Fortunately their owners were outside watching, and quickly kenneled them, and let us in their yard. A quick jump down from the roof, and a scoop with the net, and we were running out of there, believe me!!


Now she is safe. No more hiding from big dogs, and abusive people. No more dodging cars while crossing the streets looking for food and water. No more having puppies, raising them alone hiding in backyards, only to have people steal them. There is a rescue to take her, but for now Faith Easdale took her home. There Faith can make sure she doesn't escape, while she decompresses, and learns she is safe and can trust people now. No more hiding!

If you would like to donate to support rescues like this, please go here: Donate

If you prefer to use Venmo, our Venmo is @f-a-d or here is a link: Venmo

Her first night safe, in a warm space:



Bob is hot, the weather is hot, everything is hot. 


So Bob wanted us to bring you the good news of a dog that is no longer hot! Nor lost! Nor scared! Nor in danger..... you get the point. Here is the story of Butler, who was found 30 miles from his home!

The Rescue:

Free Animal Doctor has teamed up with rescuer and master-trapper Faith Easdale to rescue more stray dogs. We got a call, a small poodle/maltese type dog had been seen for a couple days, running around scared at a truck stop off the 15 fwy on the way to Las Vegas!

The little guy seemed to want to approach people, but was also too skittish. He seemed to be looking for his people, but would run off when approached, and there was a busy road, with lots of trucks coming in and off the freeway.

We went out at 2pm and found that other than the truck stop and a McDonalds, there was nothing else around but sand, rocks and strangely enough an encampment of homeless people. We spotted the dog, and began to set traps, but unfortunately some of the campers were roaming around, acting weird, probably on drugs. We noticed at least one car that seemed to be making transactions out the window to people.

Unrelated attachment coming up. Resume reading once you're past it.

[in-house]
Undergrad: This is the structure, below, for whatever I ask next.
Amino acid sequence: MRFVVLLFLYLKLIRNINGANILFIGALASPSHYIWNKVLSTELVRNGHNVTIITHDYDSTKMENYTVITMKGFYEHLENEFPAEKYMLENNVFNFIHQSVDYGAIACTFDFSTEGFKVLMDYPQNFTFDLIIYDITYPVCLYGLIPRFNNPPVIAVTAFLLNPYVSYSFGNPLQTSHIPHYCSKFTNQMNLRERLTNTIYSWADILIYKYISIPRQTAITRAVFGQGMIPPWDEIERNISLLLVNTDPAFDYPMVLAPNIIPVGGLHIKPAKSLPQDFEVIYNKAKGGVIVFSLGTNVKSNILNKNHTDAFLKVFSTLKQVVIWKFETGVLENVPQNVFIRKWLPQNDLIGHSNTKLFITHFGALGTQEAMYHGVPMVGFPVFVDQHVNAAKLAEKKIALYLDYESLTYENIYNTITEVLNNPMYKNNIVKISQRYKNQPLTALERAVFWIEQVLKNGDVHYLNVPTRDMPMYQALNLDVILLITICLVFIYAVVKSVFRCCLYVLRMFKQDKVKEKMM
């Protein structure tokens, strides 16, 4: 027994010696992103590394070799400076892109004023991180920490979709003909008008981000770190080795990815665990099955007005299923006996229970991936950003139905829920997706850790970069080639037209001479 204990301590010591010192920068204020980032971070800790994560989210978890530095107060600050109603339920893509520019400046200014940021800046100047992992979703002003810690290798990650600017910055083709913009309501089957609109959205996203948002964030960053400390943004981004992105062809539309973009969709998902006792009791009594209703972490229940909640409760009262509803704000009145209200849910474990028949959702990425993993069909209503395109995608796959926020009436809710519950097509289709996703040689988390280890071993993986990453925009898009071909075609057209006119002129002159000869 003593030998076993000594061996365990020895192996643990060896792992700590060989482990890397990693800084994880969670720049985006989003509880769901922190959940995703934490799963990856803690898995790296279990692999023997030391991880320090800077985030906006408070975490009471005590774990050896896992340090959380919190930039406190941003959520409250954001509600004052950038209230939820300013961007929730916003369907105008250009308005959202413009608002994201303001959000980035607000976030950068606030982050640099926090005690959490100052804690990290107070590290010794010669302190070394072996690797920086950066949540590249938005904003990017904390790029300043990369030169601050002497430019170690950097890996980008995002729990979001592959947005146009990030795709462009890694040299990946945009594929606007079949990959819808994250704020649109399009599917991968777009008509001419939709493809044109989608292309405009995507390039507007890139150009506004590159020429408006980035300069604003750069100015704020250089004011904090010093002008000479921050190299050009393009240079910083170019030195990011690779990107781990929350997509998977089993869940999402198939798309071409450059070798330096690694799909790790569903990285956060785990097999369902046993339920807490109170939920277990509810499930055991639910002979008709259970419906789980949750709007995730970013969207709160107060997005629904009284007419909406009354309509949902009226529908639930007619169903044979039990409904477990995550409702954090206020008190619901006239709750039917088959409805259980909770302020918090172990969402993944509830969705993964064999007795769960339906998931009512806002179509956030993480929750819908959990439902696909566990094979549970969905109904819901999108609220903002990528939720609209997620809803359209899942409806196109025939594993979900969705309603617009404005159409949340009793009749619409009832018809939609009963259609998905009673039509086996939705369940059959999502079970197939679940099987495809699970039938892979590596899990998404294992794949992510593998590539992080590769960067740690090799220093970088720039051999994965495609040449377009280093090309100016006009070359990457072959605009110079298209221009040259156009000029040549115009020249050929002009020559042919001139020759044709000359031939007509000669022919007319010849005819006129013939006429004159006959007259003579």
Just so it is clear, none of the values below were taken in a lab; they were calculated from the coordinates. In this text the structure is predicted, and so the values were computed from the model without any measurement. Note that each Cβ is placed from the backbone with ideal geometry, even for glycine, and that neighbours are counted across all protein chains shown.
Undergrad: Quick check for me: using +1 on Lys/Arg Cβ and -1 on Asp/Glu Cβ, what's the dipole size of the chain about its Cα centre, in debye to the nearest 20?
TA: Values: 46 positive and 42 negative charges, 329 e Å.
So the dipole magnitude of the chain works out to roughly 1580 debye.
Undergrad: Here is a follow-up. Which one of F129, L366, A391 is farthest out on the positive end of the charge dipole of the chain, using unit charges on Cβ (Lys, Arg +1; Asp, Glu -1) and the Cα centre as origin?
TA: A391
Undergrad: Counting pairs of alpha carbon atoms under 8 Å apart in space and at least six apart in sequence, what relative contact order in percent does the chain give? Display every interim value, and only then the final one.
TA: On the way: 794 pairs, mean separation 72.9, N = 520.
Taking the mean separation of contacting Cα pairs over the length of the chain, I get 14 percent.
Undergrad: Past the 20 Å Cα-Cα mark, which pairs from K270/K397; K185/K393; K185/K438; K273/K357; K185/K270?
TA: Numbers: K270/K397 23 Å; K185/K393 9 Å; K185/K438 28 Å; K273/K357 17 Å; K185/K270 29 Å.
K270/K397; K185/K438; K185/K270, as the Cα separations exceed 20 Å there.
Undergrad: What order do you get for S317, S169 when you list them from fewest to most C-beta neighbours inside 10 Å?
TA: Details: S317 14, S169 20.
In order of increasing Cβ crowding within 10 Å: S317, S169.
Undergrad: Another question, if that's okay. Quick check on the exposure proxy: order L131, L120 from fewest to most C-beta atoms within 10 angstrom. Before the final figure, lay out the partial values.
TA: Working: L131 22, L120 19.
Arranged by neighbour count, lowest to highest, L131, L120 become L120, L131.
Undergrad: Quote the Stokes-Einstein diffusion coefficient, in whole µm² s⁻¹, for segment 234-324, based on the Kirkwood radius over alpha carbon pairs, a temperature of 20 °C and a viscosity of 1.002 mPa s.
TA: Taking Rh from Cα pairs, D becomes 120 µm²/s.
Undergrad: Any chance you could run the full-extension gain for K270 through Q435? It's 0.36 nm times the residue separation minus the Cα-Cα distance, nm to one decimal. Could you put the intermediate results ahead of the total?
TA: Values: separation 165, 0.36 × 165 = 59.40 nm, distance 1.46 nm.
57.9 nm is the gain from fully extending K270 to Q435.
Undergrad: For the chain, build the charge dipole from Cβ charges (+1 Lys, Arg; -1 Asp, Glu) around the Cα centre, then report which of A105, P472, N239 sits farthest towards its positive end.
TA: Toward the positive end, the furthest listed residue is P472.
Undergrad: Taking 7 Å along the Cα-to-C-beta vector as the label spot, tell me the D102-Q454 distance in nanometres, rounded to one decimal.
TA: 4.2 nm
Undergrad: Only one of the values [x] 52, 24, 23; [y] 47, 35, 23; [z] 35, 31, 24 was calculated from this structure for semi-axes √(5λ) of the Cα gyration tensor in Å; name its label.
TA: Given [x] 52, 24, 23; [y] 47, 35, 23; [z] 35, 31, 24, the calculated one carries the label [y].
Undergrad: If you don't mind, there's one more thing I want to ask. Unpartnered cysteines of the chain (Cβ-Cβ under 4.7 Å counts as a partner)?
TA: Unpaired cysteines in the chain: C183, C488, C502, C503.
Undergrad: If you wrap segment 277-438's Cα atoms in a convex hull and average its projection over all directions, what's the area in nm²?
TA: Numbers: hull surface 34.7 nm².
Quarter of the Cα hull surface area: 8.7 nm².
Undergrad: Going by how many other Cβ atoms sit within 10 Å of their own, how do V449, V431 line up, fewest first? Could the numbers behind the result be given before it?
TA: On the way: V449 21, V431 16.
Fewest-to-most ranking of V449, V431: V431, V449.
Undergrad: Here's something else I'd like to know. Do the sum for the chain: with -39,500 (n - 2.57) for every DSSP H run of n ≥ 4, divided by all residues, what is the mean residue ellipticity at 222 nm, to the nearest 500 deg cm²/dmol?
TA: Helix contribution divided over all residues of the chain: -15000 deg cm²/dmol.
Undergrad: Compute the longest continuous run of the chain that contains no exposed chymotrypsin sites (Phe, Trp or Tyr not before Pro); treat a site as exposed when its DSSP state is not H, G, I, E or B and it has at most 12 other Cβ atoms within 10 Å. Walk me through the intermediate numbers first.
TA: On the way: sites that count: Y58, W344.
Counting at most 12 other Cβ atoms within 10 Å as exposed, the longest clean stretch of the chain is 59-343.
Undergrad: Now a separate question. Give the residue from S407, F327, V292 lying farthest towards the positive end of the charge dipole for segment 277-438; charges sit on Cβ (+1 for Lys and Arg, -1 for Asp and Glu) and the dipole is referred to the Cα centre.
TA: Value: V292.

So we set our traps, hoped people would eventually move along, and waited. Later in the evening a couple of sheriff's showed up and drove around. This sent people off, and the area got quiet. As the sun set we marveled at the area... there is no water. It is bone dry, dusty, rocky and there are coyotes around. We heard some.

Fortunately, in the dark, under the dim light coming off the truck stop, we heard a magic sound... at about 9PM a trap door had snapped shut, and when we ran out to check, there was the dog, safe in the trap!


We took Butler to quarantine kennel area. We got him water, and food. He was friendly. He slept. And in the morning, we scanned him and he had a chip! We got ahold of his owners, and they told us he had been missing for four days. But here is the thing, they lived over 30 miles away in a different county!! They live in LA county, but we had found Butler far from them in San Bernardino County.

There was no way he had walked there. Had someone stolen him? Maybe they stopped for gas and he escaped the car? Maybe someone had him at the encampment? We don't know. But listen to him in the video above, how happy to be HOME!

We doing more of these rescues, almost daily. Like the Daily Bob! 🙂

You can join us in these efforts. Please consider either a donation below in the red box, or you can Venmo @F-A-D at this link: DONATE with VENMO

Bonus: Kacey Montoya interview

Kacey Montoya

Bonus interview with the founder of Fix'N Fidos!

When Kacey Montoya isn't flashing those fabulous blue eyes on KTLA Channel 5, she is running her non-profit Fix'N Fidos, which supports spay/neuter programs, provides pet food to low income families, and provides resources for getting vet care when people cannot afford it!

They also have a golf tournament coming up to raise money for the cause! Fix'N Fidos has been a huge supporter of Free Animal Doctor, and we were thrilled to have Kacey on for an interview! Check out the interview on this BONUS FADcast, a preview of Episode 8!!!

Or play it right here (click the play button below)!